You might recall last July, the New York Times’ Pete Thamel was sniffing around allegations that student-athletes at Auburn University were receiving favorable treatment. In the wake of Thamel’s report, the chairman of Auburn’s sociology department was made to resign.

On Sunday, Thamel reported that an internal investigation at Auburn revealed in 2003 a scholarship athlete had his or her grade changed from an incomplete to an A, without the knowledge of that athlete’s professor. Said athlete received an additional 3 A’s, all from the deposed sociology Professor Thomas Peete (above).

In Tuesday’s Times, Auburn officials tell Thamel this should be of no concern to the NCAA. You see, it’s purely a matter of academic fraud.

œThis is not an athletic issue, said the spokesman, Brian Keeter. œThe N.C.A.A. has not requested this report. We™ve provided a previous one to them. If they ask us to do for this, we would. But this is an academic issue.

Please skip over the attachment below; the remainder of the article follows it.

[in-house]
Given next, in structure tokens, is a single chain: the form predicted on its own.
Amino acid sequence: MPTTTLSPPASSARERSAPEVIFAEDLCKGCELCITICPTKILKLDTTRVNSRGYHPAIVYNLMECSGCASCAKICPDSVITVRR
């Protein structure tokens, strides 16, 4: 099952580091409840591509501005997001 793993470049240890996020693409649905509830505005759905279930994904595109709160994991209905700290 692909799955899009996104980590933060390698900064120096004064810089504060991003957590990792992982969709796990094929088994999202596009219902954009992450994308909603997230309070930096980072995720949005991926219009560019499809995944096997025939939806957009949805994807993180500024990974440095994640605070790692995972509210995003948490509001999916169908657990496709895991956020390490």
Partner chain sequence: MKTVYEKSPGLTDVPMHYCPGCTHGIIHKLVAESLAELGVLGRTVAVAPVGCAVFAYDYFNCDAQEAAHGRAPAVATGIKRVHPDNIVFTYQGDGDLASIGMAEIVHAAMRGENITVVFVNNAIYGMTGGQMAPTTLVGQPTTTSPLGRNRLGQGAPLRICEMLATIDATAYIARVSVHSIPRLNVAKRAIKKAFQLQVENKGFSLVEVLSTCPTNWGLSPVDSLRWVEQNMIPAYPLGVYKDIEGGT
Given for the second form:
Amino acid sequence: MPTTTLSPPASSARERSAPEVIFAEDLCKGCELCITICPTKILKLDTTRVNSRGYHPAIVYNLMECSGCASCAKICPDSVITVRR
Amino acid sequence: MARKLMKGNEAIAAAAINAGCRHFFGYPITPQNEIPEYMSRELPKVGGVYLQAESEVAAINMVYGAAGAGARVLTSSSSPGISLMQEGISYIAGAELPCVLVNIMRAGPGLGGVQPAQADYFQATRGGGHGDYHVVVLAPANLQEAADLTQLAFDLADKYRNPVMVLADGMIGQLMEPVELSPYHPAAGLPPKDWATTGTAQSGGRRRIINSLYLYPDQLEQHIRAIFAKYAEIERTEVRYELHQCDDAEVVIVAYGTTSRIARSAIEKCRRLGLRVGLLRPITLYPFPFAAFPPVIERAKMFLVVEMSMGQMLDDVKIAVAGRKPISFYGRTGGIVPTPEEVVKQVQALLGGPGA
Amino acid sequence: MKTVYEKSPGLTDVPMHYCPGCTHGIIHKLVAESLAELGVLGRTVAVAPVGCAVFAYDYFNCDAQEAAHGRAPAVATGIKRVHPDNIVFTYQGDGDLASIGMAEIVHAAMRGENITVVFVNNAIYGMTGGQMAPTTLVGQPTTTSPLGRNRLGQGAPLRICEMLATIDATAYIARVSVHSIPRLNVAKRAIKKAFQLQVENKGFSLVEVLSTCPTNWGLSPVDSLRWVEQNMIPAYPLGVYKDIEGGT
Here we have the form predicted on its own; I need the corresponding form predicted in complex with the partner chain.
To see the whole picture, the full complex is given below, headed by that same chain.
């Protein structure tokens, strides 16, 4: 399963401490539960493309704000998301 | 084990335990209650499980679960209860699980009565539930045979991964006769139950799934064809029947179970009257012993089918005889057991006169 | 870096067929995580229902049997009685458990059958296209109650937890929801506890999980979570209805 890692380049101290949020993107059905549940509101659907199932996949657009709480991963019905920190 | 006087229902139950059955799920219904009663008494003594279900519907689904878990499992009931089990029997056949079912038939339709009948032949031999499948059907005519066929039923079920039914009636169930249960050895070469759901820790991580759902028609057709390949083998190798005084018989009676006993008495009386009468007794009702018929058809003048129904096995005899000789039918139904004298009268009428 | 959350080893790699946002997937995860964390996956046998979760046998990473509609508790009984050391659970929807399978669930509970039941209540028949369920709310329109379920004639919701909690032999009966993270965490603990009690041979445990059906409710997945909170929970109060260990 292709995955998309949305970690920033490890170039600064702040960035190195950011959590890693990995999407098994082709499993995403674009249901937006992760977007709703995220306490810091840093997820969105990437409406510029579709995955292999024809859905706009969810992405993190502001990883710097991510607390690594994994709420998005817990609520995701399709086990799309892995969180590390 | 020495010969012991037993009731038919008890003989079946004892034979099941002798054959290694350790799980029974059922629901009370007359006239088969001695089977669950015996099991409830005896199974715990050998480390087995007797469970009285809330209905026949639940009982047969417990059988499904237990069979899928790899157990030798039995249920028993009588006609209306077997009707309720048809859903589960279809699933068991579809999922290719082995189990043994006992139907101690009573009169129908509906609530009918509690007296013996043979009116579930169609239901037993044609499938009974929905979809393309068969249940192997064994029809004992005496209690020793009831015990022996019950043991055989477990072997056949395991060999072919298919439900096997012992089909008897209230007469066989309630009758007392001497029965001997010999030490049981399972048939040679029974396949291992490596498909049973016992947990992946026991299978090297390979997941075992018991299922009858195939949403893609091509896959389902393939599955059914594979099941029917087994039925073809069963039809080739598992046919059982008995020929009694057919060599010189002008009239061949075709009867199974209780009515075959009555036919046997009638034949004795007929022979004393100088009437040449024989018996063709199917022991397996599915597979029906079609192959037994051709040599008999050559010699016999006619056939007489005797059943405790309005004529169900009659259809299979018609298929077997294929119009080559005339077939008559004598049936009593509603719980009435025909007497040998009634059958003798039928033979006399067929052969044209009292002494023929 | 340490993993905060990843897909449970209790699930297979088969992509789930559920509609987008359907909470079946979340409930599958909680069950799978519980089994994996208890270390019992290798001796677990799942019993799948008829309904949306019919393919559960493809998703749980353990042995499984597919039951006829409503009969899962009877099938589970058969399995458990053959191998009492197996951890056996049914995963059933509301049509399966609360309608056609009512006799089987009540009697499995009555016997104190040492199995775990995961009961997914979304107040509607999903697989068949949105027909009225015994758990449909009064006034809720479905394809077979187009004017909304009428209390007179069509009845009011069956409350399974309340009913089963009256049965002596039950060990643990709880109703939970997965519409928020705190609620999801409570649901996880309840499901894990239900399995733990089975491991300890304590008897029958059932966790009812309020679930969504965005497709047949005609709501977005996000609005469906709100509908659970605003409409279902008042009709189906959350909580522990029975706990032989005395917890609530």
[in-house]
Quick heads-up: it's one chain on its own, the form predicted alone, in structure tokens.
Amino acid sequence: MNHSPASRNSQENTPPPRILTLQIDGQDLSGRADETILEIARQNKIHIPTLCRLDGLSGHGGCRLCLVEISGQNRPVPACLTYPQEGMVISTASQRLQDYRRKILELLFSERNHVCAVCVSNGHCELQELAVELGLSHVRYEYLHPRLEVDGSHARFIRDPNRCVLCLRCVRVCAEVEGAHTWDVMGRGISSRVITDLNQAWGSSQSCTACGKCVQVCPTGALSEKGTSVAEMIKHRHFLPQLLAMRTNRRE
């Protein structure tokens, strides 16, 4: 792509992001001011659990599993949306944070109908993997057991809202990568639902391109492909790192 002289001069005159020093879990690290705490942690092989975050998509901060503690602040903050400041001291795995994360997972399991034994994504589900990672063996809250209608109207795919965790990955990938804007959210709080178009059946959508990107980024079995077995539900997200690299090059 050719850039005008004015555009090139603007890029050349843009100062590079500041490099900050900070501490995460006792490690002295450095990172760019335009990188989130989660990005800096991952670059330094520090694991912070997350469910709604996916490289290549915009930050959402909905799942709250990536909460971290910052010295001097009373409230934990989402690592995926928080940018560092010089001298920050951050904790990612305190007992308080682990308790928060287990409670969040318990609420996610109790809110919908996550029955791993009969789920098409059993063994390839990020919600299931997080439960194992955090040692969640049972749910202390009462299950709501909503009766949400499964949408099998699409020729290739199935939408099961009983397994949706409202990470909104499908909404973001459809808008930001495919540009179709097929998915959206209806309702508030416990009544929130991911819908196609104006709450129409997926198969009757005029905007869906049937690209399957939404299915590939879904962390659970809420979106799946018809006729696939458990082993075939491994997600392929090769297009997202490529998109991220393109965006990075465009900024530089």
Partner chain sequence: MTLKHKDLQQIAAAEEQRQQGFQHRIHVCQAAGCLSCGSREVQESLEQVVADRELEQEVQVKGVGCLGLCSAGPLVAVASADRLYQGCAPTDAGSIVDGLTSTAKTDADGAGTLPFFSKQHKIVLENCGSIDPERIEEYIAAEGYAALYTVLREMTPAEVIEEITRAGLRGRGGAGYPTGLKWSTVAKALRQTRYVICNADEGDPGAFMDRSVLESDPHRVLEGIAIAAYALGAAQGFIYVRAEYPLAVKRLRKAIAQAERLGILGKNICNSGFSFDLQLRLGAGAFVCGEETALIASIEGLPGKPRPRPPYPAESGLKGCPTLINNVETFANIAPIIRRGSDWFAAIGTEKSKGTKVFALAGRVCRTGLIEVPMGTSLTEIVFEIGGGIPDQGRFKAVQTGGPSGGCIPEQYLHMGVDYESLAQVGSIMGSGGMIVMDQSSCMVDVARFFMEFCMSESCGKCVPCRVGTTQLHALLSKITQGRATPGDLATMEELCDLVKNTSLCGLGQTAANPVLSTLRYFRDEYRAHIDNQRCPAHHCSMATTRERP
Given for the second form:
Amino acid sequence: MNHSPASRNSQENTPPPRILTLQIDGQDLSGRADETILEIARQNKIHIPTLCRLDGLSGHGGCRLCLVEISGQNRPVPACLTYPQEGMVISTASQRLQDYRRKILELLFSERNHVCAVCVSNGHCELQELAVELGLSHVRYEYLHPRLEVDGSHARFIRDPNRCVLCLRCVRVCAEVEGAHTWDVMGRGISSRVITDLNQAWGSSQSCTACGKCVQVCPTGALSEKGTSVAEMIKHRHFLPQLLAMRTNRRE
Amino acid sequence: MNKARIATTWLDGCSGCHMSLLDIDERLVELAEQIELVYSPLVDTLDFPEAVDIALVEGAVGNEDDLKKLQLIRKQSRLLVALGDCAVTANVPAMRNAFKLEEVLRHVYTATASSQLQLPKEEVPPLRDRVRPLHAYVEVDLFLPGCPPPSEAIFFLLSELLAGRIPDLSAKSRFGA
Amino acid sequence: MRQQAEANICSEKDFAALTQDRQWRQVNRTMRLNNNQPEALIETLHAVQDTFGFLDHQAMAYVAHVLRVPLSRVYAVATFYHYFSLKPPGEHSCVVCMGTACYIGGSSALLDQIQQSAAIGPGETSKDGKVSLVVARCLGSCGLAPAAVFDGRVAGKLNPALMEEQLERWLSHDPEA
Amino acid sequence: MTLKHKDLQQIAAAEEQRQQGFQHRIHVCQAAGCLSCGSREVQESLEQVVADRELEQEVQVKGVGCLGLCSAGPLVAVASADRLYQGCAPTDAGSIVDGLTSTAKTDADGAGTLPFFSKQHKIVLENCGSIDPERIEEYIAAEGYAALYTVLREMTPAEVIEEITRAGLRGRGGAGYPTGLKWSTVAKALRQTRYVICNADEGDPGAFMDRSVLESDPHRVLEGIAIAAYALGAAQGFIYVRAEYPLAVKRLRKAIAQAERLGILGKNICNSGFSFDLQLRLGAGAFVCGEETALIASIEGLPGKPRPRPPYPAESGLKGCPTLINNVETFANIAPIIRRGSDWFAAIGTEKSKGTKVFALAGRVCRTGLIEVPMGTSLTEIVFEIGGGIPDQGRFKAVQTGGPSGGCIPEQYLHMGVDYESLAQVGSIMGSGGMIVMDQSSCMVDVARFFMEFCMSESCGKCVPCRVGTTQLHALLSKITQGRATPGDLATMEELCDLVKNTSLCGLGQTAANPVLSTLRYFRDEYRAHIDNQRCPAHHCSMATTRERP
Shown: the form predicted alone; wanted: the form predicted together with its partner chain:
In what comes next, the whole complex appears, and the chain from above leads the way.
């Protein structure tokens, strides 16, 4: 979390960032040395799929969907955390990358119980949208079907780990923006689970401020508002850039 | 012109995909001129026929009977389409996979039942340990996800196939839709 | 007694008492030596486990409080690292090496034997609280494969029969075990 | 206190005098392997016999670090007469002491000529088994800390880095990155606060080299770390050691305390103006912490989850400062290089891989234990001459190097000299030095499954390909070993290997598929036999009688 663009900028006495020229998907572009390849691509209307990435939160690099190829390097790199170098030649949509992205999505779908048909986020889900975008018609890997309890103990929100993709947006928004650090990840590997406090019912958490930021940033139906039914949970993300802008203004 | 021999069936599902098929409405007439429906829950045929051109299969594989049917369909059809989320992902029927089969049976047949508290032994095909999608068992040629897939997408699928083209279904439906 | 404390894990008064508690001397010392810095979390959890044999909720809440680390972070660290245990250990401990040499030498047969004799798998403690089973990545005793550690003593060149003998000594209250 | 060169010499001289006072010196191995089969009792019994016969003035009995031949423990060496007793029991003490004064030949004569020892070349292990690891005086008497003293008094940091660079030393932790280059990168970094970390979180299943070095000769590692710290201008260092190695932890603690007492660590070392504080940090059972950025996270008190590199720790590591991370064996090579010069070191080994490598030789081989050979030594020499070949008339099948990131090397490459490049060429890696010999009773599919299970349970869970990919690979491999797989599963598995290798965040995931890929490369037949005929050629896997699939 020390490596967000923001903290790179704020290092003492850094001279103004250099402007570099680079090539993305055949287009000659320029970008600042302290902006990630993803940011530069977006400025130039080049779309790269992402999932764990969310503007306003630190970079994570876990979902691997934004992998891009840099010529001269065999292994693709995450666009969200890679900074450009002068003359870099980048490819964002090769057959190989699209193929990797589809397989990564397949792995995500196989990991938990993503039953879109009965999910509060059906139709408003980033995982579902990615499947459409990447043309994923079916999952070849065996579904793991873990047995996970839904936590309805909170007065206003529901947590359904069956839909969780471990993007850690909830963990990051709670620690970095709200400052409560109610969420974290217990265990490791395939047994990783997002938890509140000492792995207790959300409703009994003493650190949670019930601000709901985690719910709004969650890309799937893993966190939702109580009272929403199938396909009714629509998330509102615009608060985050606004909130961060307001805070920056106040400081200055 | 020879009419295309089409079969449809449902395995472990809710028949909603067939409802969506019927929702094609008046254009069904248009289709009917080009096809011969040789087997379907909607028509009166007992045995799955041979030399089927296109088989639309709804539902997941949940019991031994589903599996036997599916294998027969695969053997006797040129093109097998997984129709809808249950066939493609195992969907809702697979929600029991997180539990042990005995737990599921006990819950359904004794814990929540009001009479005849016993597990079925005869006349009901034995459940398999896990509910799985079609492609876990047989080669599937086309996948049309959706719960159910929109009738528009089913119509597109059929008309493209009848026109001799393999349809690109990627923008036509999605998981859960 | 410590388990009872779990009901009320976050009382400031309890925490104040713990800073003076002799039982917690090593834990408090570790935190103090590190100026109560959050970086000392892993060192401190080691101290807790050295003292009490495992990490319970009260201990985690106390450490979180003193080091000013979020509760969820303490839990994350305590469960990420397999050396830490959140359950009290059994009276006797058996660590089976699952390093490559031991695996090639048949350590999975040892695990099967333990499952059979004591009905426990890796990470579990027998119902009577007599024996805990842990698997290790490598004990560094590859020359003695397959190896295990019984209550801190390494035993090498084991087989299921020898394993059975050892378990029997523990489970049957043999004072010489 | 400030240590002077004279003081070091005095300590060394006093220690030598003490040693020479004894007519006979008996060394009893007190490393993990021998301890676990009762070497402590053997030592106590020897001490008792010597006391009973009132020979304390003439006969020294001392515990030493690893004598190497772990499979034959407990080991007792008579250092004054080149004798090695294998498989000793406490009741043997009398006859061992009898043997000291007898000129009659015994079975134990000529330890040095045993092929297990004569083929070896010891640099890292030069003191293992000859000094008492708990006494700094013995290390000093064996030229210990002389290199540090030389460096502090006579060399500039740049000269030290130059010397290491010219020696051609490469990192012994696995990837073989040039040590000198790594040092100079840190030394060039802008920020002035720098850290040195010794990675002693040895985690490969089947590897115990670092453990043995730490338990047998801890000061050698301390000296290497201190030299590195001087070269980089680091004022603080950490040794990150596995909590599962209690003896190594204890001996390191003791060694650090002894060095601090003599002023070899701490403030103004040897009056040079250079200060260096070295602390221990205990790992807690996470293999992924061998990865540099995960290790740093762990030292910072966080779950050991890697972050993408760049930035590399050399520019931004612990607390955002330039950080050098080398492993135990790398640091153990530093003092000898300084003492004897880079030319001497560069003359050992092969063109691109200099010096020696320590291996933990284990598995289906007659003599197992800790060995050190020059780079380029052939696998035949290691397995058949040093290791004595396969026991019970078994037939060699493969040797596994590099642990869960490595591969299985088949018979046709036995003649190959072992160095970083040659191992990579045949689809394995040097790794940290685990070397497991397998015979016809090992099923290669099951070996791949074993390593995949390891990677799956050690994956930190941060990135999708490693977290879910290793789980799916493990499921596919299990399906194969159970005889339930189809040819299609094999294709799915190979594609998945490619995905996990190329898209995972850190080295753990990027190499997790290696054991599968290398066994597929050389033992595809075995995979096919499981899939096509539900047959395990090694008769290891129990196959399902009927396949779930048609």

When asked how an issue involving an athlete™s grade change was not an athletic issue, Keeter said, œThis is not an athletic issue.

The N.C.A.A. president, Myles Brand, said in an interview yesterday that he had read the Times article but could not comment on specifics. He did applaud Auburn for conducting an internal audit, then added: œThe second point is that academic fraud is, if not the worst, one of the worst offenses that an institution can commit. I mean that as a general comment. I won™t comment on any particular institution.

The report that Auburn has already forwarded to the N.C.A.A. reveals that Petee changed 55 grades from January 2003 to the spring of 2006, more than double the amount of the average faculty member in the sociology department. Though much of the information in the report is divided between athletes and nonathletes, the report does not reveal what percentage of grades changed belonged to athletes.

œI™m certain that there is an explanation for that from those that put that report together, Keeter said. œI will have to get in touch with them to have that answer.